Firstly, it is helpful to draw out the thoughts and beliefs that underlie the anxiety.  This is not so that the adult can dismiss them as silly or mistaken, but so the child can be helped to compare the harmful cognitions with their other beliefs and feelings (e.g. monsters aren’t real) which can then be used to challenge the anxiety. Equally, it’s important when a child is worried about a particular event to talk through what consequences may result, and again check that the child really thinks these consequences are likely, and plausible. In some cases, especially involving social situations, it may that the child’s fears are justified, in  which case negotiation with third parties (teachers, family) would be useful.

Secondly, some kind of graduated exposure is often helpful. Say the child is scared of going to the toilet alone. Going with a parent, but with the parent then standing in the doorway would be a good start, which the child could be rewarded for. Next time, they would need to tolerate the parent being in the hallway in order to earn a reward, and so on.

These techniques are explained further in resources

Resources

This fact sheet can be a useful start for parents . Simple-ways-to-help-children-with-fears-and-anxieties

Cathy cresswell’s article in the Archives of Disease in Childhood is very good, as is her book for parents

The Mind Ed portal has a lot of information on anxiety. It’s designed for professionals, but there is really no reason why a motivated parent can’t access it, especially

The worried child

Anxiety disorders

The session on school avoidance is excellent, and there are loads of generalisable tips in it

Troubled teens – recognising and responding to the health needs of looked after young people | British Association for Adoption and Fostering

‘ Negotiating adolescence is a challenge for any young person but it is particularly difficult for looked after and adopted young people and care leavers, including those on remand. Although these vulnerable young people experience a wide range of health inequalities, and high levels of mental and emotional health difficulties, professionals may find it difficult to engage with them to address difficulties with school, relationships, sexual health, bullying, including through cyber-space, self-harming and other challenging behaviours, and to safeguard them from child sexual exploitation.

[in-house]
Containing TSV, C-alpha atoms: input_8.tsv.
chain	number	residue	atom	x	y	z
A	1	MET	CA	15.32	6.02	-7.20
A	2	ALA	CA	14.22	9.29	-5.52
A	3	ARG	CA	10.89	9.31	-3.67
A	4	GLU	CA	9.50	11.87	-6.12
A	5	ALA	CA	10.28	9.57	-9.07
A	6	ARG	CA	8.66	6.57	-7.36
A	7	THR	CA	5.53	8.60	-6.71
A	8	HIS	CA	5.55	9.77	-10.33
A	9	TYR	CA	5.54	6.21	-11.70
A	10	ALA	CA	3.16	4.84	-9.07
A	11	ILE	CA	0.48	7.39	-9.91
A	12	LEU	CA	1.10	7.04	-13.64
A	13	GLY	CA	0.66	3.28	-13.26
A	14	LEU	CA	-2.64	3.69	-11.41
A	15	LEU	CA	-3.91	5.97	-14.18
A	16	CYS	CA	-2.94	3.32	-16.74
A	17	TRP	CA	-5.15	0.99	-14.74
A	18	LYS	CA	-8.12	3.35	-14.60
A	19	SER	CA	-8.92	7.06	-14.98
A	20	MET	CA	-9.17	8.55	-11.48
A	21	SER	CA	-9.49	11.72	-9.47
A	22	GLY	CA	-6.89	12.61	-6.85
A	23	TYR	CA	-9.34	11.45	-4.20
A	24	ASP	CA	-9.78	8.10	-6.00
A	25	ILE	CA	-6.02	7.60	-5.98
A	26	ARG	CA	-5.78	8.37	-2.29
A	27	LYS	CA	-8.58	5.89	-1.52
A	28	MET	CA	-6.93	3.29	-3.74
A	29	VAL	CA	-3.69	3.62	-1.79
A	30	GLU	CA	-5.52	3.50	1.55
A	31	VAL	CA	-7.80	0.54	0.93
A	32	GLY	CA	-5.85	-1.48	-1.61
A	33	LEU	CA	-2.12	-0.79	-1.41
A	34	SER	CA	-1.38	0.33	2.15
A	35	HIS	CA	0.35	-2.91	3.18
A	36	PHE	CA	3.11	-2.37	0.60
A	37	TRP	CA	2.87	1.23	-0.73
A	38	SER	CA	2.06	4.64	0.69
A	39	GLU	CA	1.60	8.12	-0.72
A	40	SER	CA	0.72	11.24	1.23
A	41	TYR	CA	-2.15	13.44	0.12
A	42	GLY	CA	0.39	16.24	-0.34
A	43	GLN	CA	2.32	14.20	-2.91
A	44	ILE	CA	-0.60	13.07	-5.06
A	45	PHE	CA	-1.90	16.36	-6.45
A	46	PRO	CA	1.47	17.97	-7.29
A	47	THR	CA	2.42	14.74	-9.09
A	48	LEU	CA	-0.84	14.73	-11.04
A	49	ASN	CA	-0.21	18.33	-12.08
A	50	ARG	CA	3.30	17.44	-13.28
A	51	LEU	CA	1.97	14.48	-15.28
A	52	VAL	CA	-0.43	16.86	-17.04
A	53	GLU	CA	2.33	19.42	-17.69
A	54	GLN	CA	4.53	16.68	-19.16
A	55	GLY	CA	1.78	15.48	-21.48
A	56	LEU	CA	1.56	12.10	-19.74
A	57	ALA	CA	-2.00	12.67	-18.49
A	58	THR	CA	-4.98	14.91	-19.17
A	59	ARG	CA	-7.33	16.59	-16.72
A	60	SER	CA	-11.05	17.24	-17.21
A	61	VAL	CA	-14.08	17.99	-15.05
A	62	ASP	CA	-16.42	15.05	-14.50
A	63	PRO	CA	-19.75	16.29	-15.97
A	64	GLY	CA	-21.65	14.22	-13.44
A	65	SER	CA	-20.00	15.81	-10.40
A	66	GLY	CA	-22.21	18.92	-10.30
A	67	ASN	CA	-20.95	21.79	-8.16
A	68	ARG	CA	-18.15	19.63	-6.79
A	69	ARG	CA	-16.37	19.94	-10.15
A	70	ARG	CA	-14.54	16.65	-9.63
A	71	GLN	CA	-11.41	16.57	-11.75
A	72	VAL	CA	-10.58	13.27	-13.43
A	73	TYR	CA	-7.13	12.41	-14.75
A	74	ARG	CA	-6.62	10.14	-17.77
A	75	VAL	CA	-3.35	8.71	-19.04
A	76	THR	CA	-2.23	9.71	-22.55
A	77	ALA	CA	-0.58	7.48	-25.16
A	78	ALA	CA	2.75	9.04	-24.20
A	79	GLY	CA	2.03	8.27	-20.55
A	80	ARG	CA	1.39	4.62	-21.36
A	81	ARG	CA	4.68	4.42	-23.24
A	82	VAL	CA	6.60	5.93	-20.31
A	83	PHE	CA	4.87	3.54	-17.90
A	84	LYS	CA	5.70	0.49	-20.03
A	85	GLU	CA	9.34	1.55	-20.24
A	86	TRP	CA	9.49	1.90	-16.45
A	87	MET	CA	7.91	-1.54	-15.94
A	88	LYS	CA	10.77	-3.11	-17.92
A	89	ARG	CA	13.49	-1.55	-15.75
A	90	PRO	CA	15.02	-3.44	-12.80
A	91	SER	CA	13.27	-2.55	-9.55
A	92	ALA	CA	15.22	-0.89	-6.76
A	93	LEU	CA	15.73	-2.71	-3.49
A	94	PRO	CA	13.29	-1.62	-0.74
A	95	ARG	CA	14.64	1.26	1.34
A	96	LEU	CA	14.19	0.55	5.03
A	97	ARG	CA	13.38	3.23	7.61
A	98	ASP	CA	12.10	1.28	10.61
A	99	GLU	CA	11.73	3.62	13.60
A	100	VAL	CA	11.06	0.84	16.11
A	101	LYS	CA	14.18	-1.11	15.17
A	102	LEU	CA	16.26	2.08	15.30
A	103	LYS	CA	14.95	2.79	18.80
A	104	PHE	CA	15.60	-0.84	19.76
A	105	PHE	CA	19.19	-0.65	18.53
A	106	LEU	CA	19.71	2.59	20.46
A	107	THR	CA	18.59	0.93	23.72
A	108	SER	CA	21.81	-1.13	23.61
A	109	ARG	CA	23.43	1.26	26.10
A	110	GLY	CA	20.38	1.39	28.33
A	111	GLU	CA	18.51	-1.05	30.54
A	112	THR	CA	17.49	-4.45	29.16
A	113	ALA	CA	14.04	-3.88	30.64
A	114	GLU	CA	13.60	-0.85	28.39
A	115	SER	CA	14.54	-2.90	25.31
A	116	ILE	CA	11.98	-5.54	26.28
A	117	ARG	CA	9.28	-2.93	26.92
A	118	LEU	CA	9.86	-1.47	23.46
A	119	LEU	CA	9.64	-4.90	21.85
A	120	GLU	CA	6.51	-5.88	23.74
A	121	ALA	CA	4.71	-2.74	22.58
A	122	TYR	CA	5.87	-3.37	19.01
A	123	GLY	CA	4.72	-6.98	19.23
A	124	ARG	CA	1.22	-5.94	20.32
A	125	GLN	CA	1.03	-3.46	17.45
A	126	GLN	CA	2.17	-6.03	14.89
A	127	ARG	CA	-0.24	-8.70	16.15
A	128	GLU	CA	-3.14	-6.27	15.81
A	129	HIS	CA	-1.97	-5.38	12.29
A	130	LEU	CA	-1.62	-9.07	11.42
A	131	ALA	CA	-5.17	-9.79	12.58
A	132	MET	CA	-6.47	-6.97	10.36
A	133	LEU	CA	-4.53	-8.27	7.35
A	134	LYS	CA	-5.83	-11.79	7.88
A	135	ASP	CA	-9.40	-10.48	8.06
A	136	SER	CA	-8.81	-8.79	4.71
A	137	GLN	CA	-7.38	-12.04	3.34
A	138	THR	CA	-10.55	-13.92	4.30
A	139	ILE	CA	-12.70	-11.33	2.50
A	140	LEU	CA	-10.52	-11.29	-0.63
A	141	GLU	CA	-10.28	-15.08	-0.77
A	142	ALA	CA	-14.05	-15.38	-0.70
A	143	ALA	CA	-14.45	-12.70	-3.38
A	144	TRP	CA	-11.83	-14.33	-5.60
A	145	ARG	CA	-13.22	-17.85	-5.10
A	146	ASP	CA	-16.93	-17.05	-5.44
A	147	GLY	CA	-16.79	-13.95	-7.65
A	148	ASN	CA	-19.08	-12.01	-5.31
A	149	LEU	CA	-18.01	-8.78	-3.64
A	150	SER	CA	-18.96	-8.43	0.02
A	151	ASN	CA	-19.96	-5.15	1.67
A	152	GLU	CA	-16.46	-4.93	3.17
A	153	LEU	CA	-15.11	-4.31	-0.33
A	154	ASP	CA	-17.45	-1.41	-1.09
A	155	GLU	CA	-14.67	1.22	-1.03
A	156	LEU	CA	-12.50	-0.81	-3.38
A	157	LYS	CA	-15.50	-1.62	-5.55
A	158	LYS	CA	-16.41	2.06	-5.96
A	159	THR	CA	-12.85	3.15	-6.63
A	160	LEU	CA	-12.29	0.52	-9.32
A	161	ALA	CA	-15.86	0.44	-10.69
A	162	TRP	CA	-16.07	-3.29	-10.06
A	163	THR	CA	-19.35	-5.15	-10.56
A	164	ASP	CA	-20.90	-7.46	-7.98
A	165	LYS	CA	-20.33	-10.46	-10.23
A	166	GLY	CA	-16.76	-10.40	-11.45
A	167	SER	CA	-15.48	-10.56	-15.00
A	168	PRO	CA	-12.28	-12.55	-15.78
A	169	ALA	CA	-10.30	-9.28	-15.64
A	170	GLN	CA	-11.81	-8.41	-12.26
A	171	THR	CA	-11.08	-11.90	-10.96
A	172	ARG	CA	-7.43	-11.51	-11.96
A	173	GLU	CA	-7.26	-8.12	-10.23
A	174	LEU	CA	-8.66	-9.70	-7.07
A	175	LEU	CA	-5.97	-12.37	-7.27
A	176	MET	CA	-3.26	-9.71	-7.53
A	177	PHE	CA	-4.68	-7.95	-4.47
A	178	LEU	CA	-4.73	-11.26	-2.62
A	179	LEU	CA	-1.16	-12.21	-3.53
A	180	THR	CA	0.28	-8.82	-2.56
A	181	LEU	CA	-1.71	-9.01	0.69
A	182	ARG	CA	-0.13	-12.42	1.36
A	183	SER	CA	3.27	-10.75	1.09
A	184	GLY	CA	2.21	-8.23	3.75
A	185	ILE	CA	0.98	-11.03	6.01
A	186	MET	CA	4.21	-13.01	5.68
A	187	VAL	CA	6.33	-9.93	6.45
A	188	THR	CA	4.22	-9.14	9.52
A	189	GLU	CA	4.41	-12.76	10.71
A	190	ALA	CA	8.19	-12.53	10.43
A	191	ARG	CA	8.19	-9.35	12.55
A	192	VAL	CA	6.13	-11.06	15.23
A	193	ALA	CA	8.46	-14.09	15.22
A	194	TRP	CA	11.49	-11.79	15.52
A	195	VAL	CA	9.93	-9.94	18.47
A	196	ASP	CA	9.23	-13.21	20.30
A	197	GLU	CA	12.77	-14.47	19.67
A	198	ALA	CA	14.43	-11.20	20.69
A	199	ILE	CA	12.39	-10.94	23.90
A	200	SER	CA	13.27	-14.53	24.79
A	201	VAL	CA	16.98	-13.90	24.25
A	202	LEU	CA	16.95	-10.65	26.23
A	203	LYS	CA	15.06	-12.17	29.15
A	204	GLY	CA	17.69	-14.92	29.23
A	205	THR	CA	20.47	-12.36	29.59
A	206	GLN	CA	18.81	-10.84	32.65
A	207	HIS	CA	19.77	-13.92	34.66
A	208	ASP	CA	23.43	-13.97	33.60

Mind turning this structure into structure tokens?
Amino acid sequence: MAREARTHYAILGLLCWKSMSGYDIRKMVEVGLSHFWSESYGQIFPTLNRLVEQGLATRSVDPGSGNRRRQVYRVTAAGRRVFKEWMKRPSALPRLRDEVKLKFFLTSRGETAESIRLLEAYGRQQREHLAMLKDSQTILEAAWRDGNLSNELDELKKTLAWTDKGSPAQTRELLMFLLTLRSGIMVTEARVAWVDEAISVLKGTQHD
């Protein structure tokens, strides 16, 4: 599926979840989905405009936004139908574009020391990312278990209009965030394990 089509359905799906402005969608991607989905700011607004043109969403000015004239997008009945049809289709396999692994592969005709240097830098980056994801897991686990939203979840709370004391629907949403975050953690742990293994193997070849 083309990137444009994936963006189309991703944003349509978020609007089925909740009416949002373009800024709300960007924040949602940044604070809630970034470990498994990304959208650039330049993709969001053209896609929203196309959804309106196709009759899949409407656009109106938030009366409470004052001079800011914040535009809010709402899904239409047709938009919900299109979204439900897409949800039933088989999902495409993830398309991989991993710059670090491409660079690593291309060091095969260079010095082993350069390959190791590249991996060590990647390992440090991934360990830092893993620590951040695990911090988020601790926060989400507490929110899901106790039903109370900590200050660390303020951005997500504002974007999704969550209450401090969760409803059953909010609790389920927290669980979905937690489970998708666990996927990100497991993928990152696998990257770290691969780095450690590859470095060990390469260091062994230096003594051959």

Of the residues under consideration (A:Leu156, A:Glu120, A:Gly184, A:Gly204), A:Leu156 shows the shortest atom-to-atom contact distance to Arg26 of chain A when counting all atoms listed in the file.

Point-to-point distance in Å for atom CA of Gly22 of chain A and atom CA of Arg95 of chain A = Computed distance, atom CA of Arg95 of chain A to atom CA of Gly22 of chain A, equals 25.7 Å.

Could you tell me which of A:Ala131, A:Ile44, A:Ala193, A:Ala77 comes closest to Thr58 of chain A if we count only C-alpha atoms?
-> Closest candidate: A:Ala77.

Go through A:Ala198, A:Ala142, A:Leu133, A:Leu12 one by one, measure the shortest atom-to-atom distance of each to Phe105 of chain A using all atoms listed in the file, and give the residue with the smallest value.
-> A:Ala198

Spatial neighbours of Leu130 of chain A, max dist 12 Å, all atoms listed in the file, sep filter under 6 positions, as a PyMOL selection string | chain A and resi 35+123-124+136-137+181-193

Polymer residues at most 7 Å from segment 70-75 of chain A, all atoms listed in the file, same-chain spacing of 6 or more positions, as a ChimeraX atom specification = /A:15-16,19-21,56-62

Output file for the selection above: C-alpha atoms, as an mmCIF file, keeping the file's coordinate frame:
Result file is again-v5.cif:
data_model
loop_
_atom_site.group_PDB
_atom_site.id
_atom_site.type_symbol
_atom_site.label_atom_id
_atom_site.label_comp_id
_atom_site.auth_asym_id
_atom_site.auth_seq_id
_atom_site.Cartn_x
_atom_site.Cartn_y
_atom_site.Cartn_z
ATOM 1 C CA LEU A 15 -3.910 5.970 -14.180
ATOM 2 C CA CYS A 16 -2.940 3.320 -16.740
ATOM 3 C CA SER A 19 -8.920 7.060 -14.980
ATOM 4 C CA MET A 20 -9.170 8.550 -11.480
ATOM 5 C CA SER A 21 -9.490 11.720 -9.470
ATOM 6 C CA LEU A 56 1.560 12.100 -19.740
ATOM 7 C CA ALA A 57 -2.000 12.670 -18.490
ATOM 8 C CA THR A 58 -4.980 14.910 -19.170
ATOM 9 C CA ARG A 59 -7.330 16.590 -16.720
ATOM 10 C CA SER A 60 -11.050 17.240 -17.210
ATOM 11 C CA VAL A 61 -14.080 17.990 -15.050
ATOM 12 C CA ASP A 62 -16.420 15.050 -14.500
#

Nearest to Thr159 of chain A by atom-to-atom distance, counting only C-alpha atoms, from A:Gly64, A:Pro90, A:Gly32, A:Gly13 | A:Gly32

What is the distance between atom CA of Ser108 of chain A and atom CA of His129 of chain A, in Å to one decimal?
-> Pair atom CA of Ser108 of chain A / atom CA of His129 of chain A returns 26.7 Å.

This fascinating conference will consider the evidence base and assist health, social care and education professionals to understand these issues and risks, and how to approach them. The themes of engagement, health promotion, building resilience and developing skills for the adult world, all of which are required to promote health in the broadest sense, are considered throughout the conference’

Couldn’t have put it better myself!
http://www.baaf.org.uk/node/7444

Building resilience in children and young people: talk by Alys Cole-King

Important to build resilience in yourselves before you can do so in others. This can decrease stigma in others if you do it openly.

Resilience is the ability to cope with adversity. Not toughness, stiff upper lip. It’s good mental well-being and resourcefulness.
Analogy of a tree in a hurricane is useful, bends not breaks.